Postpartum Depression and Baby Blues

By:  On:  February 23, 2018 9:30 AM

Some of the emotions of baby blues can overlap with postpartum depression for example, all new mothers cry. But if you cry all day, for many days, and are unable to function because you are crying too much then you need help.

It’s not what you are feeling, necessarily. It’s how often you feel it, how long you have been feeling this way, and how much it impedes your day to day functioning.”

The most important factor to consider is how long you have been feeling this way. “The fundamental difference between the blues and postpartum depression is the timing. If symptoms of distress emerge after (or last longer than) two to three weeks after delivery, it is no longer considered to be baby blues. It’s also important to know that some of the most common symptoms of postpartum depression – persistent anxiety and rage, for example – don’t resemble the stereotype of a lethargic, sadness-filled depression.

Baby Blues

  • You feel like crying all the time, emotional and/or profoundly vulnerable. It can sometimes resemble a very bad PMS.
  • Your symptoms last about two weeks after giving birth.
  •  You also might experience mood instability, depressed mood, sadness, irritability, anxiety, lack of concentration and/or feelings of dependency.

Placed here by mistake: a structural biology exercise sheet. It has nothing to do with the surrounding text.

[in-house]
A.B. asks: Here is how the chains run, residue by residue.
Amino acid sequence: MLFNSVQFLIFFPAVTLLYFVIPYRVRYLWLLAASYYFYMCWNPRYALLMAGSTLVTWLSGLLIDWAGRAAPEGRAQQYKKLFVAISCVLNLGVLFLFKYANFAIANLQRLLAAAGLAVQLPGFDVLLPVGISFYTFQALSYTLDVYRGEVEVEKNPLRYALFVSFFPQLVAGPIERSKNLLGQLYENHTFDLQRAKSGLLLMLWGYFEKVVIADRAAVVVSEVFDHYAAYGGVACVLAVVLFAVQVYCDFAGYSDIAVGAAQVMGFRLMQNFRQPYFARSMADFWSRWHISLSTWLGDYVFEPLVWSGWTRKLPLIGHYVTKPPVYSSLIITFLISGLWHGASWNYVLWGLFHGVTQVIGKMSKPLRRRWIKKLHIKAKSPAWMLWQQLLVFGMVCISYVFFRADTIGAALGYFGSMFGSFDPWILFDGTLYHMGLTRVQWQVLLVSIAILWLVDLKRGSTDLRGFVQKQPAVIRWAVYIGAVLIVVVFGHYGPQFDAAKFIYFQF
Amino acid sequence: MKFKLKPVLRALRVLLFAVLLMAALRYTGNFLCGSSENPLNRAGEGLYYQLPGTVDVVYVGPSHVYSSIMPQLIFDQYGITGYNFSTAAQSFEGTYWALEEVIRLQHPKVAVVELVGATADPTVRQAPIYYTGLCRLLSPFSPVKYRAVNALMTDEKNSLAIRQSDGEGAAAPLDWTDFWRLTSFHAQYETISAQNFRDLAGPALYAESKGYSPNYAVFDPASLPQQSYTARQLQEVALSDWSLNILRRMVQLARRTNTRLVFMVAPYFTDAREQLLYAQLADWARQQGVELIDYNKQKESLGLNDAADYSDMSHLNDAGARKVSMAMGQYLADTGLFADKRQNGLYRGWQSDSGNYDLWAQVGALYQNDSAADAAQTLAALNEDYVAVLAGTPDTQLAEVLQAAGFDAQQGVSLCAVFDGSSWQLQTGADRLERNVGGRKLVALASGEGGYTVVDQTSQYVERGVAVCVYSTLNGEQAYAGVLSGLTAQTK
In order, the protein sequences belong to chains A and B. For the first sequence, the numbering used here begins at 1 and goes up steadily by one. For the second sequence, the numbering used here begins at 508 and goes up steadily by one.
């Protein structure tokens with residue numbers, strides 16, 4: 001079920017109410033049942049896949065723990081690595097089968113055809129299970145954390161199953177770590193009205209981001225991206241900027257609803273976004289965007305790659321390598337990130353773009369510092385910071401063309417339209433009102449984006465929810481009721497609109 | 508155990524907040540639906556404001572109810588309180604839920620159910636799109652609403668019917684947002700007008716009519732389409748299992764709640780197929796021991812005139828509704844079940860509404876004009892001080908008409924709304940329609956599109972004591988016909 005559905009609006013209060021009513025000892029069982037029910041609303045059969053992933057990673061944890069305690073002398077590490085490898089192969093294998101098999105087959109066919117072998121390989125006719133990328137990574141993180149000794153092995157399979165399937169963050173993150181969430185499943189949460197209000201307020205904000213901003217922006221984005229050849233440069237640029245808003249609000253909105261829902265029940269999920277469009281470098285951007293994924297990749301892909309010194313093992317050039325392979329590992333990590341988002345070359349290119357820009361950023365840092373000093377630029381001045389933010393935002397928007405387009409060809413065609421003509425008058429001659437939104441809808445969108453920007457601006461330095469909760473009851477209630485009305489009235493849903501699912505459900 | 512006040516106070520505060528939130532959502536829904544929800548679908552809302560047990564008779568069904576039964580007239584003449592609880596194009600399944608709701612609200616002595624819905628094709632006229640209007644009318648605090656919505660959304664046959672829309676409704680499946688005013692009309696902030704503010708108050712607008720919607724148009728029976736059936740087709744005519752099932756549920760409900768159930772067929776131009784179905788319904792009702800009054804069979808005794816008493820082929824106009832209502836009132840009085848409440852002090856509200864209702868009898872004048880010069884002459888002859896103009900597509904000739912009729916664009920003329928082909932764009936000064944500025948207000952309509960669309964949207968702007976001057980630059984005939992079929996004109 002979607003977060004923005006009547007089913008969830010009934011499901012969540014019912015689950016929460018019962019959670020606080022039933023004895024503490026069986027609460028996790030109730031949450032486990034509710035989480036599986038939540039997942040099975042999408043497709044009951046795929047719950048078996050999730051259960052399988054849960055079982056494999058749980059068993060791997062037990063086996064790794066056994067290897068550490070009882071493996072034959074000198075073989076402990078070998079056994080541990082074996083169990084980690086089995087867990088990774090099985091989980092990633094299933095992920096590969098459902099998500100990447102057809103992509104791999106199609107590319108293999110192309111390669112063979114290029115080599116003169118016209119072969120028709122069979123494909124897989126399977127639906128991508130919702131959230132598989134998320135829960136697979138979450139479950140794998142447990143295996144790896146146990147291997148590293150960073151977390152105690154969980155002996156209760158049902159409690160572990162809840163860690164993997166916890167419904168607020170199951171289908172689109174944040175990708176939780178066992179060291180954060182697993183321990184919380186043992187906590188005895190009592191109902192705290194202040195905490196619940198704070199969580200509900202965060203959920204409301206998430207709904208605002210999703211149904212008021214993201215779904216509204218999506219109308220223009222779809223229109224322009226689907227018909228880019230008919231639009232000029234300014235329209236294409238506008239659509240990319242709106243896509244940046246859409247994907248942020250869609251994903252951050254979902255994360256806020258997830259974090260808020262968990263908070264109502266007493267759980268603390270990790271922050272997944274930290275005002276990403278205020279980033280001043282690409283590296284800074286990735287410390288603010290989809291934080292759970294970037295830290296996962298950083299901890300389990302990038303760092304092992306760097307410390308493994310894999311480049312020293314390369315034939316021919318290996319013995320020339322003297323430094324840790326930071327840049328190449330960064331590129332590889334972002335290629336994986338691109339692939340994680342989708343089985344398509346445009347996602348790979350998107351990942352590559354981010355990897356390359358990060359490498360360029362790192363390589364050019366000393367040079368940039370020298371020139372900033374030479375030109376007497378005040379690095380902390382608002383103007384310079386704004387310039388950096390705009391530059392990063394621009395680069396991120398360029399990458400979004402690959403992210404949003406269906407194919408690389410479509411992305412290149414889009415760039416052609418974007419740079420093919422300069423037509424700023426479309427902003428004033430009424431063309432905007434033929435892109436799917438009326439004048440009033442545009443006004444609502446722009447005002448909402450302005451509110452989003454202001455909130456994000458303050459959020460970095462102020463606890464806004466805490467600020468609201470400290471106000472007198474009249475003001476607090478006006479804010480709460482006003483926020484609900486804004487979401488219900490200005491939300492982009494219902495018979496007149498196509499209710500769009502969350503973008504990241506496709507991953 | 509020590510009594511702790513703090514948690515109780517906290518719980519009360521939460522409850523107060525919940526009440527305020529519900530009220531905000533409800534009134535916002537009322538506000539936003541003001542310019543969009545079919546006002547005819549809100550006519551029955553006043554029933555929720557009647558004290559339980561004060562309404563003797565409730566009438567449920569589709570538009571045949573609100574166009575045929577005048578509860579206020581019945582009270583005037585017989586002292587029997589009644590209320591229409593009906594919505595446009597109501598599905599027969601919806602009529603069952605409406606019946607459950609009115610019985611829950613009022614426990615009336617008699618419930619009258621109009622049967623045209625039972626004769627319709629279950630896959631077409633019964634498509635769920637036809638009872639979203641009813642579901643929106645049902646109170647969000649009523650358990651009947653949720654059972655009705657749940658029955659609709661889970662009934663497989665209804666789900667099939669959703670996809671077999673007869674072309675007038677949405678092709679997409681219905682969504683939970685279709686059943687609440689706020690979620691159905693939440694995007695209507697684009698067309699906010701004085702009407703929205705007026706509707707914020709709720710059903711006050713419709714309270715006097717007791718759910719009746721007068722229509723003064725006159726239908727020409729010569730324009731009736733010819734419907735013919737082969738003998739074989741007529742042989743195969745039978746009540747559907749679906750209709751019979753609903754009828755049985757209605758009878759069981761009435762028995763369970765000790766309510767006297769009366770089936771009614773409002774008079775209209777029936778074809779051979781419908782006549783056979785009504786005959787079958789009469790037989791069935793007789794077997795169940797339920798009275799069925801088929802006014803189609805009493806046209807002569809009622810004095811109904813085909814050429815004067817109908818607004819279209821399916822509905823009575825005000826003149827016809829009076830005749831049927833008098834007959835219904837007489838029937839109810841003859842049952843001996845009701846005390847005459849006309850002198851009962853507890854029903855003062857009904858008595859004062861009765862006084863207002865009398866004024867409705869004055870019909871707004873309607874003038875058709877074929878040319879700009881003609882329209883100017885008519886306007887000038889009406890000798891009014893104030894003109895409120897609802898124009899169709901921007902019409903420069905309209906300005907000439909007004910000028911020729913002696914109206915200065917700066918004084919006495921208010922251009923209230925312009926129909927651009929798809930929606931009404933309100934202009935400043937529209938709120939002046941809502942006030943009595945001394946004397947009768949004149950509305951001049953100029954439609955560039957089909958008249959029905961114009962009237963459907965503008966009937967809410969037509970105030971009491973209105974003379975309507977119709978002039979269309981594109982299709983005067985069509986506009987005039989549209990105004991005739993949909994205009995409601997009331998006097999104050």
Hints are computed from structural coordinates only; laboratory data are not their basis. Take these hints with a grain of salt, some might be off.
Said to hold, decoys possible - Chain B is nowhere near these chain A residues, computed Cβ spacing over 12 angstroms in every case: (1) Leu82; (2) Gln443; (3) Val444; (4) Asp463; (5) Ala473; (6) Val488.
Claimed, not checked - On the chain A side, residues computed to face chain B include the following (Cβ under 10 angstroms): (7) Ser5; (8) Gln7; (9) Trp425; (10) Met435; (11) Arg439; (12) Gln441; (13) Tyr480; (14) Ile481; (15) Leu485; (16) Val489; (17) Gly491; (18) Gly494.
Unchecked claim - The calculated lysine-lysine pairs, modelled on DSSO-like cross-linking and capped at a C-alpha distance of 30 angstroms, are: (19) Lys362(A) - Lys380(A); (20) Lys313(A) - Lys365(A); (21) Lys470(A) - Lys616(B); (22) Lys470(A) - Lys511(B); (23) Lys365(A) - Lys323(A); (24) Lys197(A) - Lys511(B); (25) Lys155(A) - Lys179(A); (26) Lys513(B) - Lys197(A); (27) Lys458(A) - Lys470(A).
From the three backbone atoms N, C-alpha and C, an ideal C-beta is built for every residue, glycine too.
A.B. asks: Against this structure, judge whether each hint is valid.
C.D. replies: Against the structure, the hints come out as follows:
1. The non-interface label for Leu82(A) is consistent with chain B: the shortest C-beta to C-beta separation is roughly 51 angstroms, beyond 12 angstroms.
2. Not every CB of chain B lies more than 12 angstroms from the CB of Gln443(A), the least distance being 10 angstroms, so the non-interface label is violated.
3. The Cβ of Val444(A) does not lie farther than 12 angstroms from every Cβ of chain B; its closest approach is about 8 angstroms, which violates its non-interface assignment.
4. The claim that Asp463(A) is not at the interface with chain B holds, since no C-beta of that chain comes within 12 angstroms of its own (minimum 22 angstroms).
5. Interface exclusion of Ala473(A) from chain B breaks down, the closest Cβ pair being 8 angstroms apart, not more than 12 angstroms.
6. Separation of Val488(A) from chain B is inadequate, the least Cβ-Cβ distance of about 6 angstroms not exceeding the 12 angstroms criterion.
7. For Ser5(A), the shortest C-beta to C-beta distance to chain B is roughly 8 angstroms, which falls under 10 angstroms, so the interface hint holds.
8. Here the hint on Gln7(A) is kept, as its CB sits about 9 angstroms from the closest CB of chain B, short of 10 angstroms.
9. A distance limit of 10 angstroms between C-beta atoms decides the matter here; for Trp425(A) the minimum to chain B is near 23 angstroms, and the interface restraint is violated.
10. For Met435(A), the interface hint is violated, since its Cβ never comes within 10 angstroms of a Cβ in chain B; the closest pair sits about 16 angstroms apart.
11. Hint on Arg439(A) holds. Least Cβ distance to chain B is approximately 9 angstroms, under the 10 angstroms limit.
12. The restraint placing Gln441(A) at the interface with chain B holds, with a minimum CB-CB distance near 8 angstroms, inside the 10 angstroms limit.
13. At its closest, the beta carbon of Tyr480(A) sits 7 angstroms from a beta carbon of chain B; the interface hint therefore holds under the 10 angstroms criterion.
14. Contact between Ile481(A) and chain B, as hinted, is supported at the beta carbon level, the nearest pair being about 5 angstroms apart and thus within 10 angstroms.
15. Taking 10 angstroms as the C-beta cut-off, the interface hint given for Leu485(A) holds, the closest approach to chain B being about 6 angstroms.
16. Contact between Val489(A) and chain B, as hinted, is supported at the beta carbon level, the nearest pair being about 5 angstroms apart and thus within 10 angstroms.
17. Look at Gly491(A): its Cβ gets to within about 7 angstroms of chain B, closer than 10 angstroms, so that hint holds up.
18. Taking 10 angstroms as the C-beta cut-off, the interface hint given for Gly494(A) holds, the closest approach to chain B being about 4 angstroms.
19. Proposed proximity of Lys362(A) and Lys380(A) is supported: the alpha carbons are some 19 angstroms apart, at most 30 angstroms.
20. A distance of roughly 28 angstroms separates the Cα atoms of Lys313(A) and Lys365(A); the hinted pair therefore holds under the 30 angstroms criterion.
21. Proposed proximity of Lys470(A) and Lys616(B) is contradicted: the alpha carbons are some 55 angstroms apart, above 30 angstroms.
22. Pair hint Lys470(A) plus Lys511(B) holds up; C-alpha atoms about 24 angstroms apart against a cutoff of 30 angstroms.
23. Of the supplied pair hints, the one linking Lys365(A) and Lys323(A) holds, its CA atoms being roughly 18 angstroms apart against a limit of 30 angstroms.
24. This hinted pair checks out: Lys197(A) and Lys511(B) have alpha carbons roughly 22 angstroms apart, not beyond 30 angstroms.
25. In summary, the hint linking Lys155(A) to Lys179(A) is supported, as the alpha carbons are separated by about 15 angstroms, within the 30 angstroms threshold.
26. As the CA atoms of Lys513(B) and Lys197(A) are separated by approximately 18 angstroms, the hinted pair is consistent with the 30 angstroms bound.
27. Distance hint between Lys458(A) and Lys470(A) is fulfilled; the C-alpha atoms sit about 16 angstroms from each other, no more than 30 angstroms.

Postpartum Depression

Crying and feel a sense of being overwhelmed for longer than three weeks after delivery.

  • You are unable to function
  • Feel your symptoms of after delivery  are unbearable
  • Are unable to sleep, even though you are exhausted
  • Want to sleep all the time & Are sleeping more than usual
  • Cry continuously
  • Can’t enjoy your baby at all & Don’t want to spend time with your baby
  • Feel afraid of your baby
  • Have a dramatic change in appetite either you begin eating too much or do not feel like eating at all.
  • Are troubled by anxious thoughts about your baby being harmed or in short overthinking
  • Feel intense rage
  • Have a personal or family history of depression or anxiety
  • Withdraw from activities you normally enjoy
  • Feel that you have “gone away” or lost yourself
  • Think about harming yourself
  • Believe your family would be better off without you or that you never should have become a mother